The message from the book that I found most helpful is that you should always be prepared, no matter how often you do public speaking or how confident you feel.  Speaking well under any circumstances takes preparation and practice.  That’s comforting to think that everyone needs to prepare.  So I don’t feel stupid for going over things in my head before I say them or thinking through what I might say in a meeting, even if I’m not the one running the meeting.

The book is broken down into seven basic principles, which I’m going to paraphrase for my own sake: Get to the point, tell stories, keep it short, slow down, convey confidence, be curious, change/control the conversation.  Many of these you’ve likely heard before, but McGowan’s specific stories and examples drive these points home, giving you some very specific places to start.

I’m looking forward to putting some his tips into practice, both for myself and for my students.


Feedback via observation

This year I’ve spent a lot of time thinking about classroom observations.  One of my roles is to oversee the evaluation process for faculty and classroom observations are a part of that.  I’ve felt ambivalent about our observations.  Sometimes they work well, sometimes not.  Typically, teacher and observer arrange a time to observe a particular class.  The observer writes up the observation and then the teacher and observer have a conversation about what went well, what didn’t with the idea that the teacher improves in areas that she feels she needs to.

Most of the time, that’s precisely what happens, and sometimes the teacher invites the observer back in to see how things are better or the observer sets up a revisit and there’s further conversation and things are good.  But that’s best case scenario.  Often there’s not a revisit for another year by which time whatever was discussed before has been forgotten.  This is especially true when the teachers are already pretty good.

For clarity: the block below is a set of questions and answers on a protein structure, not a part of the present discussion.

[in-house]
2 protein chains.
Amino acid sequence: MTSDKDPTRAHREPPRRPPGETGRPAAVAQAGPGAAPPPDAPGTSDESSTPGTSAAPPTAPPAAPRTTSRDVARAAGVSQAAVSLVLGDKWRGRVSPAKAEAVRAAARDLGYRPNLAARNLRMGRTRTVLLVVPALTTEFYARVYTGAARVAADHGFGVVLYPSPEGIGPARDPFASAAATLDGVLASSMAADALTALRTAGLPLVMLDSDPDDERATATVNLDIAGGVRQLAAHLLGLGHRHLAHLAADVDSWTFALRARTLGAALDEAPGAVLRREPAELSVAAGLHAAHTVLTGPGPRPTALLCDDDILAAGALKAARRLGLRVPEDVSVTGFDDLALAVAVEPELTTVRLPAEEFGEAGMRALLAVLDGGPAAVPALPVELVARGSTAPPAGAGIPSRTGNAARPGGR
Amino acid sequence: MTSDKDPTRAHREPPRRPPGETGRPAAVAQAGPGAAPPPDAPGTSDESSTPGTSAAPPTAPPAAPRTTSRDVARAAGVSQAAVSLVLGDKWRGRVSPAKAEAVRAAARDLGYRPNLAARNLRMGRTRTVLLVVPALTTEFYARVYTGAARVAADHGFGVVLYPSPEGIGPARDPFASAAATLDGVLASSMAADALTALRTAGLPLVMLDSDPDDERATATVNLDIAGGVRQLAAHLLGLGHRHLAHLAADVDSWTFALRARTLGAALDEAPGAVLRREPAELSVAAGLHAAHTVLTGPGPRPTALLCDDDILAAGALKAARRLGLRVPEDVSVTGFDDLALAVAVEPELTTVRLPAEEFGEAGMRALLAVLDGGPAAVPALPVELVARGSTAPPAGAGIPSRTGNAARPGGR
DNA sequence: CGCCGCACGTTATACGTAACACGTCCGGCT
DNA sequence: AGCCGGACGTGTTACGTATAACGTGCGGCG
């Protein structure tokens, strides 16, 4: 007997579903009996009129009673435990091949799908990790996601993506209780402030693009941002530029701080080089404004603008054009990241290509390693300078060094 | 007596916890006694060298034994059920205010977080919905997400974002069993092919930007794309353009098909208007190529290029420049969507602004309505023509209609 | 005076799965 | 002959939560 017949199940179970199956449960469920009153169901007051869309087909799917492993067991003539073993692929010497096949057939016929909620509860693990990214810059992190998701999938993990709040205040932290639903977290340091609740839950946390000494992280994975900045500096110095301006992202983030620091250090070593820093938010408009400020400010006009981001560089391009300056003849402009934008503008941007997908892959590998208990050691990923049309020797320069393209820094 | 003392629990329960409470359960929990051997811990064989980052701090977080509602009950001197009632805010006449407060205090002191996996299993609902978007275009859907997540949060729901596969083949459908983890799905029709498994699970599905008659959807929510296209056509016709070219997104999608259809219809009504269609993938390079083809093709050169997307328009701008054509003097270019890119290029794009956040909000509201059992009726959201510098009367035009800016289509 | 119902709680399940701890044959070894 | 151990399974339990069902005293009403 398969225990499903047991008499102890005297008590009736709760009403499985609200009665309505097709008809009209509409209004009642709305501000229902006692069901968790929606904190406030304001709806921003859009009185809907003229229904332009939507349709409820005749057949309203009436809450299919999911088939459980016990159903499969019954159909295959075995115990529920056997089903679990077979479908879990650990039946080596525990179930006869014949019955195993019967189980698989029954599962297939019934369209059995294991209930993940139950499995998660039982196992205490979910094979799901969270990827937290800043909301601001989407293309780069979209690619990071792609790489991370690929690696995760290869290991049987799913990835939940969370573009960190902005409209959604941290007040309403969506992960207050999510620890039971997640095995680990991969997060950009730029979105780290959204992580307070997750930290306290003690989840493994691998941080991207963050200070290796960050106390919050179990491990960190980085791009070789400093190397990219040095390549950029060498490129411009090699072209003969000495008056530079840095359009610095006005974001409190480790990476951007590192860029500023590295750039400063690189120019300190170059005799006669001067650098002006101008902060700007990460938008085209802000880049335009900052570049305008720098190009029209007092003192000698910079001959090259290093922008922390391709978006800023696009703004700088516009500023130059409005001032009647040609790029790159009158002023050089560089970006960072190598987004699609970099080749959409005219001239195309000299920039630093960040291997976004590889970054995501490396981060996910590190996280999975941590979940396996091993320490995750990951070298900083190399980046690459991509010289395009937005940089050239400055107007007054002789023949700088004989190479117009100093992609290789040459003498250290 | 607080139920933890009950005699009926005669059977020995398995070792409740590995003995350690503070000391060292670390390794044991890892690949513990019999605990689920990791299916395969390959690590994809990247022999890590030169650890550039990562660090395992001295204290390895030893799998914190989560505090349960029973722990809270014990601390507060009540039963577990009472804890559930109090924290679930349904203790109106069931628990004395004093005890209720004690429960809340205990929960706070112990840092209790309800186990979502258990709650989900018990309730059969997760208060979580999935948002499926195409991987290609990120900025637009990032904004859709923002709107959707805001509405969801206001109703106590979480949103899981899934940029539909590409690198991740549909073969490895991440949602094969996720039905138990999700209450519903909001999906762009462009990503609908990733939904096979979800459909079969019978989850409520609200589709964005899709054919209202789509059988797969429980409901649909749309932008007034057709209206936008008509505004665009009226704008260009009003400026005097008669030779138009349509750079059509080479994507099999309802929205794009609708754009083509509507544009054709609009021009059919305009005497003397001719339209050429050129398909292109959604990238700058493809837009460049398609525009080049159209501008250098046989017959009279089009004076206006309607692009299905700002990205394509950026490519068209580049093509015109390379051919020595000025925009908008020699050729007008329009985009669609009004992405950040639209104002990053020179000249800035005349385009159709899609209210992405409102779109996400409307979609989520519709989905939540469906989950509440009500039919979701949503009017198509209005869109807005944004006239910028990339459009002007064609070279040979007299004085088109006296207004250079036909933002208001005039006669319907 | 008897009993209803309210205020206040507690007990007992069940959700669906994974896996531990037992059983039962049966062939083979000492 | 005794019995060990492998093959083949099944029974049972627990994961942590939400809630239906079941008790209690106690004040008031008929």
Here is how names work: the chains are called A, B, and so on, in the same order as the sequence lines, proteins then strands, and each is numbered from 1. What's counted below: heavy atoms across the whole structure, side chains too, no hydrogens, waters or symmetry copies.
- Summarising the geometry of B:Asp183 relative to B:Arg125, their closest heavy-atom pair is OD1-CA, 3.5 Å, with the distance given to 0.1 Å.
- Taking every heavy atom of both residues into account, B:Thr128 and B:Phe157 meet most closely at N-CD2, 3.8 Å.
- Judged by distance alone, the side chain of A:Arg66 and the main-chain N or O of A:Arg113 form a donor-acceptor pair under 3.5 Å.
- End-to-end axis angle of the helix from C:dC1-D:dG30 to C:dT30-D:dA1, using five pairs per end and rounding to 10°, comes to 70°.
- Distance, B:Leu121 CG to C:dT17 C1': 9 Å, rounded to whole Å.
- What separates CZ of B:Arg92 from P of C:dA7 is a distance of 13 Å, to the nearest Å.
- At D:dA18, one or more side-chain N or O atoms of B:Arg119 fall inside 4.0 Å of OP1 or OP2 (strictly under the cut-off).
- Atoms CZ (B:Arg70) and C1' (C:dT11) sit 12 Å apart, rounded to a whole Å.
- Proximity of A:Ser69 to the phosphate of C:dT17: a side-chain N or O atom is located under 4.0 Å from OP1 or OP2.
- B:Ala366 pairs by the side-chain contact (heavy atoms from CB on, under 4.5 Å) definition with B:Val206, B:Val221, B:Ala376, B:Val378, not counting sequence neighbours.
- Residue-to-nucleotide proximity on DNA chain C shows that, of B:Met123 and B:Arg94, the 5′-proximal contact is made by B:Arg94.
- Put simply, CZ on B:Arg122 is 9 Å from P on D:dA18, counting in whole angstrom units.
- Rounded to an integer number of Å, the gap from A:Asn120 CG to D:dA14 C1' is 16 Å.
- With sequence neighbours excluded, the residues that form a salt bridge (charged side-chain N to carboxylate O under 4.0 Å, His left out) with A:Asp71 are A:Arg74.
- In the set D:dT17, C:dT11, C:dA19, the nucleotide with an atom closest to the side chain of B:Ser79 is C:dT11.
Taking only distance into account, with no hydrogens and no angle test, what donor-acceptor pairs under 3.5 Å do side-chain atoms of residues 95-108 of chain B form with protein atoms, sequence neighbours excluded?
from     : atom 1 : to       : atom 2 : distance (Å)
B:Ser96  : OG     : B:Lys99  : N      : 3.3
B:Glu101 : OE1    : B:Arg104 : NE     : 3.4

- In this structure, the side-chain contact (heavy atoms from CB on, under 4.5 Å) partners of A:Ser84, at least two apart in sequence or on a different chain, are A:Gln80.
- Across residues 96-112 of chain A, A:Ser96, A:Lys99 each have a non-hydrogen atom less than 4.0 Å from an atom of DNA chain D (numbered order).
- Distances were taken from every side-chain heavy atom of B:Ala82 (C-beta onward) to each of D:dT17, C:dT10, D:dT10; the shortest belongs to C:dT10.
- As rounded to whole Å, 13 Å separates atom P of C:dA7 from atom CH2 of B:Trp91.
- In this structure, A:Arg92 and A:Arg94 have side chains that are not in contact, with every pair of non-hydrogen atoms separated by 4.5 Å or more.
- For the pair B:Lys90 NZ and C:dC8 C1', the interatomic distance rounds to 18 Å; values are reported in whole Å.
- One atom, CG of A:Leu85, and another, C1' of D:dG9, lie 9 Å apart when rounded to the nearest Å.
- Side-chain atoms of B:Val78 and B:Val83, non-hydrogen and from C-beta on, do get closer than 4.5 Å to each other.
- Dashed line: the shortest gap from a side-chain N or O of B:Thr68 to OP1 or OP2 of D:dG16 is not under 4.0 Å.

I’ve been in conversation over the past year, and especially the last few months with our division directors and department chairs (who do most of the actual visits) about shifting the focus of our observation process from something we do as part of the evaluation process to something we do to improve teaching.  In order for that to happen, we need two things.  One, we need more frequent observations.  Once a year is not enough.  And two, we need them to not be planned.  Not everyone plans the. perfect. lesson. for observation day, but many do, and then you may or may not be getting a clear picture of what’s happening regularly in the classroom.